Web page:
What lies behind call reluctance?

The article outlines possible reasons for the anxiety, starting with fear of rejection. That’s what I’ve always thought was the problem. But then the article takes it a step further, looking at how you can fuel the rejection cycle by not doing certain things. Those are:

You’re not properly qualifying your leads: The article says: “Your role as a salesperson is that of a trusted advisor… you are ultimately there to help your customers solve their problems” and goes on to advise that the salesperson should ensure that the product or service “is a good fit for your prospect”. And if your prospect hasn’t been “pre-qualified” that increases the likelihood of rejection, “further reinforcing any negative thoughts and feelings you have concerning your ability to sell effectively”.

I don’t think of my potential clients as prospects, nor do I have a means to do “pre-qualifying”. But the nugget of usefulness I take away is this:

I should be looking for and talking to people who actually need what I offer. And that because I haven’t done that in an organised way in the past, I have set myself up for failure, time and again.

Secondly, you don’t have a thorough understanding of the value of your product or service: The nameless but wise writer at Sales Ethics says that “a deep and up-to-date knowledge of your organisation’s products or services is absolutely crucial”. There’s another step, contained in the words in bold (my emphasis) in this paragraph:

Without [knowledge], you’re left looking unknowledgeable should your customers or prospects have a more nuanced question concerning how your offerings might be of use to them. This increases the chances of you being rejected, compounding the existing negative feelings that are fueling your call reluctance.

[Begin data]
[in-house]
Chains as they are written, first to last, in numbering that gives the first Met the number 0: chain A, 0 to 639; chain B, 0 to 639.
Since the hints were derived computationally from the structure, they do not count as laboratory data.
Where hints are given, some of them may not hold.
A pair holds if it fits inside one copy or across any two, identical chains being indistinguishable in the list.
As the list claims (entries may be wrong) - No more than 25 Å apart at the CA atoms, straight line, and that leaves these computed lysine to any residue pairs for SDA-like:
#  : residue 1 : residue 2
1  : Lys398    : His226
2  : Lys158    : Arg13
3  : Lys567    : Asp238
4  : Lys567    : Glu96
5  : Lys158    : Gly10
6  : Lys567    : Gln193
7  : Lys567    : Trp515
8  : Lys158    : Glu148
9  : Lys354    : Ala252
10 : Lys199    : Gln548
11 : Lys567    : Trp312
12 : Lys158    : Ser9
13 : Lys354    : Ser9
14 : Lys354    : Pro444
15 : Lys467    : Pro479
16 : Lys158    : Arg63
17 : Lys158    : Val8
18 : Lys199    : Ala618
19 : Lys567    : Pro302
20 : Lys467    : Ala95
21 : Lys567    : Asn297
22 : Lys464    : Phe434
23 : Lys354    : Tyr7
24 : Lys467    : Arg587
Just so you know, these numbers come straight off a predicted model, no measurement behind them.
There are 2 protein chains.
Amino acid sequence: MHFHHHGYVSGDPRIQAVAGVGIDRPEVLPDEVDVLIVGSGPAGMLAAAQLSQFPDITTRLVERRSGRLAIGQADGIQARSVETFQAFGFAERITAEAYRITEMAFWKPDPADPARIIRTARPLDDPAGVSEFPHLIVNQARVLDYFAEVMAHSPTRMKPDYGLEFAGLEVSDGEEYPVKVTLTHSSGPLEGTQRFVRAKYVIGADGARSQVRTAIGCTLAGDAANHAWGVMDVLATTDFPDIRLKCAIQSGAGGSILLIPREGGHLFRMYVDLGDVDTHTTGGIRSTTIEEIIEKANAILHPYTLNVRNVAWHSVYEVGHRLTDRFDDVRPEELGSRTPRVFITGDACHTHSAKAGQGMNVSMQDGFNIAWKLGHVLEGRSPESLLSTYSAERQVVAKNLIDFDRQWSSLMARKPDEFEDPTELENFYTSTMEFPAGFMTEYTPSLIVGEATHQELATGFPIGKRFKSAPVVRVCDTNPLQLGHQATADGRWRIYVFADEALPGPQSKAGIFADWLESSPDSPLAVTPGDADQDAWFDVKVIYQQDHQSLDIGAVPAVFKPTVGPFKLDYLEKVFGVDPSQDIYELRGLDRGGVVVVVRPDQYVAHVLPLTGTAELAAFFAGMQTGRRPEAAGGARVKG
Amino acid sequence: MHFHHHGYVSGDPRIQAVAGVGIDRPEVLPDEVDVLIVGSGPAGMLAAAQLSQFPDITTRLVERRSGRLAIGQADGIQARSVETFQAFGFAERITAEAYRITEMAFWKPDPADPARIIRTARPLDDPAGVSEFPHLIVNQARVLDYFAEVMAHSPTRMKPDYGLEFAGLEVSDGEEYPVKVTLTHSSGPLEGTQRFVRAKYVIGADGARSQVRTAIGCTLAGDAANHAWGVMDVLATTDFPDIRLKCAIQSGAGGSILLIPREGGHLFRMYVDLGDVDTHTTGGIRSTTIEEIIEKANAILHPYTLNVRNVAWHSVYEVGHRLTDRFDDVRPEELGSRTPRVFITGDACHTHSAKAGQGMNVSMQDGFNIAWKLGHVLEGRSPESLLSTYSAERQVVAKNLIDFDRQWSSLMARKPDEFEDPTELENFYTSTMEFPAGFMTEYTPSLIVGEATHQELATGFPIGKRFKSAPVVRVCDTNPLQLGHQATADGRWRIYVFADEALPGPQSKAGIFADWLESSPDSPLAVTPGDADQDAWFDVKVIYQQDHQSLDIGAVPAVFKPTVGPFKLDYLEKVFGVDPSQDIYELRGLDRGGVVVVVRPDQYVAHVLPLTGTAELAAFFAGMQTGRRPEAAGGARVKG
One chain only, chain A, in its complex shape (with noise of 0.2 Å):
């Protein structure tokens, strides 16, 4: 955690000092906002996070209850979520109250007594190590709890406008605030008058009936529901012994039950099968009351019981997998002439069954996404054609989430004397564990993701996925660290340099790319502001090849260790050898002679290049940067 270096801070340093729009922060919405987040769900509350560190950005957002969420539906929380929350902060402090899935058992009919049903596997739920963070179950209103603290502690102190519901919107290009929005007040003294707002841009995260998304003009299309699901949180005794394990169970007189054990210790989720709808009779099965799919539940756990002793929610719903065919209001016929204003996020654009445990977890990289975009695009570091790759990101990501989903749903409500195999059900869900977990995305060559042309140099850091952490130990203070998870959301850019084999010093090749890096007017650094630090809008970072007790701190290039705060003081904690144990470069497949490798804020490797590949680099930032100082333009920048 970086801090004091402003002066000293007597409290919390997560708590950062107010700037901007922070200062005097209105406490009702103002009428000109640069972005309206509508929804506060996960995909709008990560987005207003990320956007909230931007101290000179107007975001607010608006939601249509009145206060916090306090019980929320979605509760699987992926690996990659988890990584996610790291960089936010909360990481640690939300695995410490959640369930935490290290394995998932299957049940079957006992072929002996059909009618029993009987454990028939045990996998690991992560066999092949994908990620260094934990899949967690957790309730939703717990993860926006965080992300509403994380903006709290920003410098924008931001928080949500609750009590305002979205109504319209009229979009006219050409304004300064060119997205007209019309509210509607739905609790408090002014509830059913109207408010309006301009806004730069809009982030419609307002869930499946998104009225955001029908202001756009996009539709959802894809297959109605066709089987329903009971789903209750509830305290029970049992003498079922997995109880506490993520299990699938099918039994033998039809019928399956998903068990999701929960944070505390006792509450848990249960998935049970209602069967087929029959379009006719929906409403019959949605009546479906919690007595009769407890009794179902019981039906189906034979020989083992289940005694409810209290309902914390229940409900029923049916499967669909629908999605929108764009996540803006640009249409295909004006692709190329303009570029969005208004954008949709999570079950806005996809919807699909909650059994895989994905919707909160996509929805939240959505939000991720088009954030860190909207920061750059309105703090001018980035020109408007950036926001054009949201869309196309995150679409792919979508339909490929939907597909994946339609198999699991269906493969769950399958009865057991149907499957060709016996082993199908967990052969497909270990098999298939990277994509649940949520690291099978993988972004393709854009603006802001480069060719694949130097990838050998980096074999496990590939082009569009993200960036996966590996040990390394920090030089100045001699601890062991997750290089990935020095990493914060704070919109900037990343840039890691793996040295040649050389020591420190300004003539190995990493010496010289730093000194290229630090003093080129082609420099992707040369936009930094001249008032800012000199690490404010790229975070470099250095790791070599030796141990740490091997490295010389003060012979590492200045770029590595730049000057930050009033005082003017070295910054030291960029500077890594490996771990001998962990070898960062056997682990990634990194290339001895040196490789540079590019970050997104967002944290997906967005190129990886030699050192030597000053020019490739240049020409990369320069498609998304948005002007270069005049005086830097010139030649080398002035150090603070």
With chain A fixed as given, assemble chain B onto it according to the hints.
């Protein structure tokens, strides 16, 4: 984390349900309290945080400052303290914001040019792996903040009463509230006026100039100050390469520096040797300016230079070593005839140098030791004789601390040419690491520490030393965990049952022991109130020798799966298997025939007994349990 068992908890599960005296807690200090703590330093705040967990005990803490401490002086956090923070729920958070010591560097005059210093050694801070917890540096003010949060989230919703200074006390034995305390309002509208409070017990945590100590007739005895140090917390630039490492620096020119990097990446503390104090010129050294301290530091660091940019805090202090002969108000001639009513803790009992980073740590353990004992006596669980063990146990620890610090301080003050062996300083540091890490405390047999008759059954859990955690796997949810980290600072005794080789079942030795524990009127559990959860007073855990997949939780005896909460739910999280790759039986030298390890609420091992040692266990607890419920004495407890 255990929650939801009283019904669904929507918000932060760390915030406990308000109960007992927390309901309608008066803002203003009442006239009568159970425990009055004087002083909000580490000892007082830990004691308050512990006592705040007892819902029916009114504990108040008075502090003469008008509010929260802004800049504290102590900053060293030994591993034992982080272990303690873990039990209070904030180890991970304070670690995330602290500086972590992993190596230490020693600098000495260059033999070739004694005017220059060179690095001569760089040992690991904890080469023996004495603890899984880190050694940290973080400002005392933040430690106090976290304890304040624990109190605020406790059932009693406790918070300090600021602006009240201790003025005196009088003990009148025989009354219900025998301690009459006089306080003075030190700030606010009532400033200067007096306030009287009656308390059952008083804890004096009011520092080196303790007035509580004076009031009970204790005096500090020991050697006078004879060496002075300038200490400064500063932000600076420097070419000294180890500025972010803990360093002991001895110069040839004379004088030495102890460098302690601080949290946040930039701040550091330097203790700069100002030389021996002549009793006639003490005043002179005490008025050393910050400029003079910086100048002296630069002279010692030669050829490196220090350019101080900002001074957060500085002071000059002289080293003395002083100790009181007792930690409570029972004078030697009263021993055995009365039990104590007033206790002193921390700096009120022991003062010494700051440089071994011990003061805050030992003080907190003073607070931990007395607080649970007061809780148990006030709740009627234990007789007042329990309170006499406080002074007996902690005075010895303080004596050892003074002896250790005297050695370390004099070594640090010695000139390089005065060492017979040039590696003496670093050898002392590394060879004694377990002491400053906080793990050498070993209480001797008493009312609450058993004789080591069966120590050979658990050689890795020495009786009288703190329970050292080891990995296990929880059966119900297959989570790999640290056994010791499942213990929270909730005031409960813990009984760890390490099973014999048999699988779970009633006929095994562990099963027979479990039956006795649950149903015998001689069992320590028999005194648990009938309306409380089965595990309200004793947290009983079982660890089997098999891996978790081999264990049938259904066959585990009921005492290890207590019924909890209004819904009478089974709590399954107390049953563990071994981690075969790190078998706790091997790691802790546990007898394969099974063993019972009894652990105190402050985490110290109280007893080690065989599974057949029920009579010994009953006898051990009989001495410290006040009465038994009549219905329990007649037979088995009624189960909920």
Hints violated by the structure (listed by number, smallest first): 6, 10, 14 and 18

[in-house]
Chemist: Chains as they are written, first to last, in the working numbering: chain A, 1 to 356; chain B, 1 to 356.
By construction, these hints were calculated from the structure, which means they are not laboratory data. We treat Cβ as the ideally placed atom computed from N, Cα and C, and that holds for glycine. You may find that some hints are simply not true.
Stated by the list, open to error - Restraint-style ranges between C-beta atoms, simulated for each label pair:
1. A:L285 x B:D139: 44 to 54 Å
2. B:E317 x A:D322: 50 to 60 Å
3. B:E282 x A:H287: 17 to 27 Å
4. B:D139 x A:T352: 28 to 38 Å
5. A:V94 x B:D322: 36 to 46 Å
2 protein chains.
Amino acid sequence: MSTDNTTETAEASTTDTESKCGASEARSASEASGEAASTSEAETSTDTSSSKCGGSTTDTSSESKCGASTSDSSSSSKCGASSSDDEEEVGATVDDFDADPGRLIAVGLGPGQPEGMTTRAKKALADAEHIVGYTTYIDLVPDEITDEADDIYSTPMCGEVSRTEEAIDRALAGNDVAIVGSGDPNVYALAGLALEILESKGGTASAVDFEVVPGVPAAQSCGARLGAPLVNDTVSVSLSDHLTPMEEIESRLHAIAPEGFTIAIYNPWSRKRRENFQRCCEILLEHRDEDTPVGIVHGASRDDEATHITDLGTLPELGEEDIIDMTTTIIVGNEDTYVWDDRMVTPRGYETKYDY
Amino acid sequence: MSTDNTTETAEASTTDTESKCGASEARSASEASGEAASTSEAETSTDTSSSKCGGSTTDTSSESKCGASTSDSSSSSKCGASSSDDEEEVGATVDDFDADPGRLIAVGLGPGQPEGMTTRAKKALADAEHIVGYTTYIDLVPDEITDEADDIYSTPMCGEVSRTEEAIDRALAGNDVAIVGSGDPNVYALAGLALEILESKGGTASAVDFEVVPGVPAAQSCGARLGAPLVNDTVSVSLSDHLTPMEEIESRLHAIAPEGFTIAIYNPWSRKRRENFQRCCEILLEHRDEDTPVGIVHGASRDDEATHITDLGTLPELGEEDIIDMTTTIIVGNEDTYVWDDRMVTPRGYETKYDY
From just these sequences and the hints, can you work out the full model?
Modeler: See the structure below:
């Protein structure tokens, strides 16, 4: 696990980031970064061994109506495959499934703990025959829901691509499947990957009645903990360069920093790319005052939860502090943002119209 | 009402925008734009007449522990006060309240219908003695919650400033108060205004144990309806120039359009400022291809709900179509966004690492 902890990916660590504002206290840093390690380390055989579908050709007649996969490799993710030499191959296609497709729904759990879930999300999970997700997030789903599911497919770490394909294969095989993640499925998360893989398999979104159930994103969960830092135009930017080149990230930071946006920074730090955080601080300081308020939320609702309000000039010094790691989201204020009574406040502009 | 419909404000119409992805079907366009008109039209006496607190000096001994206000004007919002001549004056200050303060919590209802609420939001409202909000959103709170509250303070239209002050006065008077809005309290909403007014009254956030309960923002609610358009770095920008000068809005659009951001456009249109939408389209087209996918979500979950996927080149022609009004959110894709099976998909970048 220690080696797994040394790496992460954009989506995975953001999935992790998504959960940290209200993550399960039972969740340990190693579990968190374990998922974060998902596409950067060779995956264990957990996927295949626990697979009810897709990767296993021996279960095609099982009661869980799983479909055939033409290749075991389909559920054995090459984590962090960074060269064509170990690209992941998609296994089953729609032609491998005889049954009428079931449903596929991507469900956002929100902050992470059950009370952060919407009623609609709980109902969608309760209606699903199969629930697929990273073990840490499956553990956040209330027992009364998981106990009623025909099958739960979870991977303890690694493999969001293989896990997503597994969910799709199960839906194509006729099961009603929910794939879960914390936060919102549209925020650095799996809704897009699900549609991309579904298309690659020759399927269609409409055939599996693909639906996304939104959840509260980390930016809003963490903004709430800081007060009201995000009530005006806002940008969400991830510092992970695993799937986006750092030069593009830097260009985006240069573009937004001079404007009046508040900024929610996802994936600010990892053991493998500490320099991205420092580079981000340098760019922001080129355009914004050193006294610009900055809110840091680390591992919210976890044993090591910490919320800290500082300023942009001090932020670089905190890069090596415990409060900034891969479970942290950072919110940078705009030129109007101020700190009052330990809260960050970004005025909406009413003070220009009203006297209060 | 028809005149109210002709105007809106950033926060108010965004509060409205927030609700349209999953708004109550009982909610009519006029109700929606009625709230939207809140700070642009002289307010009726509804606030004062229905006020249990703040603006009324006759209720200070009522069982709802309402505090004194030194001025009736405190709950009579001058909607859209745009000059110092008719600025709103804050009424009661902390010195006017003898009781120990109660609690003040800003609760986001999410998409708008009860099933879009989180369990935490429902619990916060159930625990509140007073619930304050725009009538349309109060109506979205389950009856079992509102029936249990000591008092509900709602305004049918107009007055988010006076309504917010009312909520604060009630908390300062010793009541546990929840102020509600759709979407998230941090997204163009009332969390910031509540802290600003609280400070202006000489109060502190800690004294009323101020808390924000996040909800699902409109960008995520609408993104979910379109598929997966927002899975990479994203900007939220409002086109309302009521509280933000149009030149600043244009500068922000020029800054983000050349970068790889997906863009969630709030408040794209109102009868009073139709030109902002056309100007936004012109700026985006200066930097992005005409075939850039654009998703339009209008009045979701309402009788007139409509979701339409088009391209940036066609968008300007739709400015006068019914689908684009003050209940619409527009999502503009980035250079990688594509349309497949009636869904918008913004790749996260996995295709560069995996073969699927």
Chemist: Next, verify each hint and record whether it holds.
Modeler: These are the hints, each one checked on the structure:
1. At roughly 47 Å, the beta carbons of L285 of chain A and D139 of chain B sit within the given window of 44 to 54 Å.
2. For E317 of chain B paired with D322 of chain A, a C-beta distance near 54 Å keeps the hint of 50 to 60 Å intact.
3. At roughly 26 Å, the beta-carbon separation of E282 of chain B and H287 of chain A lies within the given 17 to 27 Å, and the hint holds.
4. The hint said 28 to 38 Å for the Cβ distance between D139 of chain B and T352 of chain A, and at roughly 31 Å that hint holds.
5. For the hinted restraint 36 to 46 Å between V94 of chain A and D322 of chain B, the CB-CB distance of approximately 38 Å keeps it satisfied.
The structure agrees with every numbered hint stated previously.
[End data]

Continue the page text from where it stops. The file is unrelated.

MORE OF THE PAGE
The takeaways:

The first step in not hating marketing then is to understand that you fear being rejected – and then to do the work so that you don’t find yourself in a cycle of fear and failure. And my research says that these are the things you should do before you put yourself out in the world:

* You need a deep understanding of what you offer.

* Then you need to find the people who need what you offer, but you also need to know how it is useful to them.

        My next steps

        I’ve been sitting with these thoughts, and deciding where to go next. At the beginning of 2024 I set myself the goal of finding effective ways of marketing what Safe Hands offers, and finding my own path to effective marketing.

        I’ve started looking into the practical aspects of understanding my offering and finding my target market, and have some promising leads. But a lot of work is needed. Part 2 of this journey will be with you in two weeks!

        And please, if you are grappling with marketing, or have any thoughts about the underlying feelings, let me know! I would love to make this a collaborative effort.

        Main picture: Melanie Deziel, Unsplash

        How to reach me

        Contact me if you would like to chat about how I can help with all your communication needs (writing, editing, coaching and training, social media).

        I write a post every week, some about my professional life and work, and some about broader issues. You can get either of those, or both, in your email, by subscribing here.  

        Comments are closed.